Normally, around Thanksgiving, the Keene High Nordic ski team has its roster set and is starting its preparation for the winter season.
By early January, they begin competition.
Obviously, that timeline has looked vastly different this year.
The team has yet to compete this season — its first race is scheduled for Feb. 3 — but practices have been in full swing since mid-December.
Because of the late start, the team missed out on the dry land training in November, which typically consists of team runs and bounding exercises — basically running with ski poles to simulate the motion of skiing.
So the team hit the slopes right away, something the athletes are not used to.
“They probably didn’t come into the season as fit as they would’ve liked, but we made up for it with the fact that we’ve been on snow,” said first-year head coach Pete Hills, acknowledging the Dublin School Nordic Center, where the team practices and competes, for letting the team continue their preparations, even in an unusual season.
Athletes had to adjust to the loss of the dry land training. Jonathan Hills, Pete Hill’s son, said he did some of the workouts on his own just to try and stay in shape.
“I came in prepared, but obviously that team environment isn’t something that you can replicate on a workout,” the junior captain said.
Jonathan Hills also runs cross country in the fall and said that helped him stay conditioned for the ski season.
Senior captain Sophie Dean, who also runs cross country, agreed.
“It’s just a transition from the end of that season, keep running and then coming in and then just starting the time on snow,” Dean said.
In fact, Dean said the increase in snow time has actually helped her as she gets ready to compete in her senior season.
“I think because of how much time we’ve spent on snow that we haven’t in years past, I’m much more confident in my ability,” Dean said. “I think it’s been really beneficial. Even though we haven’t been racing, we’ve been starting do to team time trials and stuff just to kind of get in that race mindset, so that’s been helpful to shake off those first race nerves.”
Pete Hills sees the silver linings in the adjusted schedule as well.
“From a preparation standpoint it’s kind of like a good and a bad,” Pete Hills said. “Bad because we got a slow start, but the fact that they’ve been on snow, the kids have been enjoying that.”
The team is also practicing later in the day because of adjusted school schedules this year, so the skiers have to practice with headlamps on once the sun goes down.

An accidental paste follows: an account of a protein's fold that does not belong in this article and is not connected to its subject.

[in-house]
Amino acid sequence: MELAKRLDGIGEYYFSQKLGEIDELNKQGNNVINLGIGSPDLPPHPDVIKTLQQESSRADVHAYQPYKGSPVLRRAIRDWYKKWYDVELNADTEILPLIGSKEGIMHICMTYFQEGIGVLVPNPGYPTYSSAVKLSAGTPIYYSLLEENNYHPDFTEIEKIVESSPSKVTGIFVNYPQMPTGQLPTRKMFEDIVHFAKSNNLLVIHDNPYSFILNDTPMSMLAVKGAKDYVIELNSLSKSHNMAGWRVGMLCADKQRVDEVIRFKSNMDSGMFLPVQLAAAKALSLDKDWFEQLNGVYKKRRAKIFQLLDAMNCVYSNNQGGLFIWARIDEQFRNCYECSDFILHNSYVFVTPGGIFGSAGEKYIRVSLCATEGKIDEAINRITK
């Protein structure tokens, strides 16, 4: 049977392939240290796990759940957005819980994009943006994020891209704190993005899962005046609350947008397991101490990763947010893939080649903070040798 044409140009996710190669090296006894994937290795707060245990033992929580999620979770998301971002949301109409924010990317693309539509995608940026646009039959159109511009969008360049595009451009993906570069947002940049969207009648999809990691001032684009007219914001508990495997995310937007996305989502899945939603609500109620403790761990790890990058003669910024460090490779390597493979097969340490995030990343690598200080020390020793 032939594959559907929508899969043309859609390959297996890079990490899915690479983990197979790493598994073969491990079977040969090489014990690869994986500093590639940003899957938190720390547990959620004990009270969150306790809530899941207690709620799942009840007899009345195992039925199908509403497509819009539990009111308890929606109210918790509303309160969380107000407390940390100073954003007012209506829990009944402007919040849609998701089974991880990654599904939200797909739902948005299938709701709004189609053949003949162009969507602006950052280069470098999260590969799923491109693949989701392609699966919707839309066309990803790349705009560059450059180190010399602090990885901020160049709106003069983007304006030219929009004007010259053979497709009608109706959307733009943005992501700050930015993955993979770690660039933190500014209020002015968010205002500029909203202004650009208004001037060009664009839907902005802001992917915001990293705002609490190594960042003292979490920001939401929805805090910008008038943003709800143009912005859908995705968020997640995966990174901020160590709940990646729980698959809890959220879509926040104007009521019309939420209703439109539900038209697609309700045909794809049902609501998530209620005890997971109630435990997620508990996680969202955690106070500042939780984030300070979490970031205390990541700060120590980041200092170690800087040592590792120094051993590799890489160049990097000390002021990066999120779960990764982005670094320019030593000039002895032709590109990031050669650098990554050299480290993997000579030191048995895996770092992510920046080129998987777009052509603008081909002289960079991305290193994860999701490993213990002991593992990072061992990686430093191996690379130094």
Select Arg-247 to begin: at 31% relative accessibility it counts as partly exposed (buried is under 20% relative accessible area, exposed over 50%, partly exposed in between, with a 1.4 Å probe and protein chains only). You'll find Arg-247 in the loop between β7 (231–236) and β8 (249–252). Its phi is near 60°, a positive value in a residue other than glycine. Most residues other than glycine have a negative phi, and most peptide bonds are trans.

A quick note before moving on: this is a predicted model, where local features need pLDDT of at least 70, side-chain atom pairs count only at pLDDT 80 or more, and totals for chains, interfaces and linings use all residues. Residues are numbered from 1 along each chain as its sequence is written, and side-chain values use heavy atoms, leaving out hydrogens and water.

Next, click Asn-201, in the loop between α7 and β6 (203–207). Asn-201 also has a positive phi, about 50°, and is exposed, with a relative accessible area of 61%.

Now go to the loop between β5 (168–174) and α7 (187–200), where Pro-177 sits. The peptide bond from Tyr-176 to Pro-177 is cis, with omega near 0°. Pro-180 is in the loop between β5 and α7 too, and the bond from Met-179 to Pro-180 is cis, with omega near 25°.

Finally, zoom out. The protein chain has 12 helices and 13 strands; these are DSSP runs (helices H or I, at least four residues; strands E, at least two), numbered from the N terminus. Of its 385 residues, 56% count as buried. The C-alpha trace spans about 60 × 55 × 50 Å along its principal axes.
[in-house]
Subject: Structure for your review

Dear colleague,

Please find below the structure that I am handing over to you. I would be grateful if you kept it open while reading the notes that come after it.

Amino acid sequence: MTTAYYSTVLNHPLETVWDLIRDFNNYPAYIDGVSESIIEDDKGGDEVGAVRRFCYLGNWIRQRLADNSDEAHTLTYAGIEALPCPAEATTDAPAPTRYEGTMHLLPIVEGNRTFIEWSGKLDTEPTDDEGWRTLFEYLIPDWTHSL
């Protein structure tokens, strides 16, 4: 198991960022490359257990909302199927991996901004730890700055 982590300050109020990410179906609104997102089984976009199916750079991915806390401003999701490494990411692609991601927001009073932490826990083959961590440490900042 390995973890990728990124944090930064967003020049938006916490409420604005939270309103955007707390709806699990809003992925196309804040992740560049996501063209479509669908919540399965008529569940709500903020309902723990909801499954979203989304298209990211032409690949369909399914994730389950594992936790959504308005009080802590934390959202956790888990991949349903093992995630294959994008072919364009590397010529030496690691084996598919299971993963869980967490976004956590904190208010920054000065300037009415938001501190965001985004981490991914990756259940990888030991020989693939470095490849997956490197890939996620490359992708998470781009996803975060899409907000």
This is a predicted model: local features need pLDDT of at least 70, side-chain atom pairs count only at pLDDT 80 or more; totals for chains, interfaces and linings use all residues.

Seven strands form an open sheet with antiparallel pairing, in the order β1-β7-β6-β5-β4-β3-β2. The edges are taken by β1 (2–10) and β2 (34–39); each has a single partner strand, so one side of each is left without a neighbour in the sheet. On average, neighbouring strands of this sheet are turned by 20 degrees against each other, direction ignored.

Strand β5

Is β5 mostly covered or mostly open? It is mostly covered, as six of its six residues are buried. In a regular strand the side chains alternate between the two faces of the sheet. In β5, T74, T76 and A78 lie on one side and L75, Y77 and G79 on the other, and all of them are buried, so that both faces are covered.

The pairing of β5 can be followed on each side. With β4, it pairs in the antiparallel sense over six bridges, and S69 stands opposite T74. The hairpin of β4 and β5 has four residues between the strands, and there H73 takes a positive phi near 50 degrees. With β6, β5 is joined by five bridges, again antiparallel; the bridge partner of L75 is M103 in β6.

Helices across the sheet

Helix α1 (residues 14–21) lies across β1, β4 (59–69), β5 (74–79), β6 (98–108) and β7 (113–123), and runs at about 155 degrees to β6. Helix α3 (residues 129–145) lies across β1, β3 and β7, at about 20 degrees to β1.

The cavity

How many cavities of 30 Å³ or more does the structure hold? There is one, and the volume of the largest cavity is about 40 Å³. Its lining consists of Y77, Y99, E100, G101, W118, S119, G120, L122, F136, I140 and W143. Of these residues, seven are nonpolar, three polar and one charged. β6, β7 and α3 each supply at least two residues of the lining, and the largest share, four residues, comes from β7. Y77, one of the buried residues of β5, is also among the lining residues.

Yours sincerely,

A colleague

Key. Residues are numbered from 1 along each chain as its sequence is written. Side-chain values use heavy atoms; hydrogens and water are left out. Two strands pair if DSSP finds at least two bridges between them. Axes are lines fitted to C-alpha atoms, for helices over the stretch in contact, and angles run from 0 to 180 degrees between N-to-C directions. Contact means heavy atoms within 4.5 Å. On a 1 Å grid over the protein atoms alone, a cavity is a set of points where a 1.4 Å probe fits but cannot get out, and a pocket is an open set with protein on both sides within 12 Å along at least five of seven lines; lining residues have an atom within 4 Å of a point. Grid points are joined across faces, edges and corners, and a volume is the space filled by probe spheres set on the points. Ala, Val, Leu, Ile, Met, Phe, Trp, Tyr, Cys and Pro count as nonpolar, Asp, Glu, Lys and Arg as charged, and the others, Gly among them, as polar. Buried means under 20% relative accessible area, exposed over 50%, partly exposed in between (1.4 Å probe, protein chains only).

The Dublin facility does have lights, but skiers still used the headlamps to help them see better down the slopes.
“It’s not the most comfortable thing always, but you make do and you can see,” Jonathan Hills said. “You can’t change daylight and you can’t change school, so you just roll with it.”
“It’s been interesting,” Dean said. “Definitely, you need to be a little more cautious and watch where you’re going, but it’s been fun.”
Adding to the list of adjustments this year, the team follows all COVID-19 protocols to ensure everyone’s safety during practices and, eventually, competitions.
The students and coaches go through daily screenings and temperature checks, wear masks whenever they’re meeting as a team, or anytime they’re not skiing during practices, and socially distance whenever they can, which Pete Hills said is not very hard when you’re wearing skis.
“You have skis that are 5 feet long and poles that are 5 feet long — you kind of naturally socially distance,” he said with a laugh.
“[We’re] keeping everyone safe and making sure that we’re not potentially increasing the risk for the school and the community,” he added.
It’s an adjustment, but a welcome one as long as the students continue to have an opportunity to safely get outside.
“With online school, sitting in front of our computers, I think having the opportunity to get outside safely in a group has been very nice, and to actually have some human interaction,” Dean said. “We’re a pretty tight team, so it’s just been a lot of fun so far.”
“[The students are] doing really well,” Pete Hills said. “Their attitude is good. And I think they’re happy to have a season. They’re happy to be out and competing.”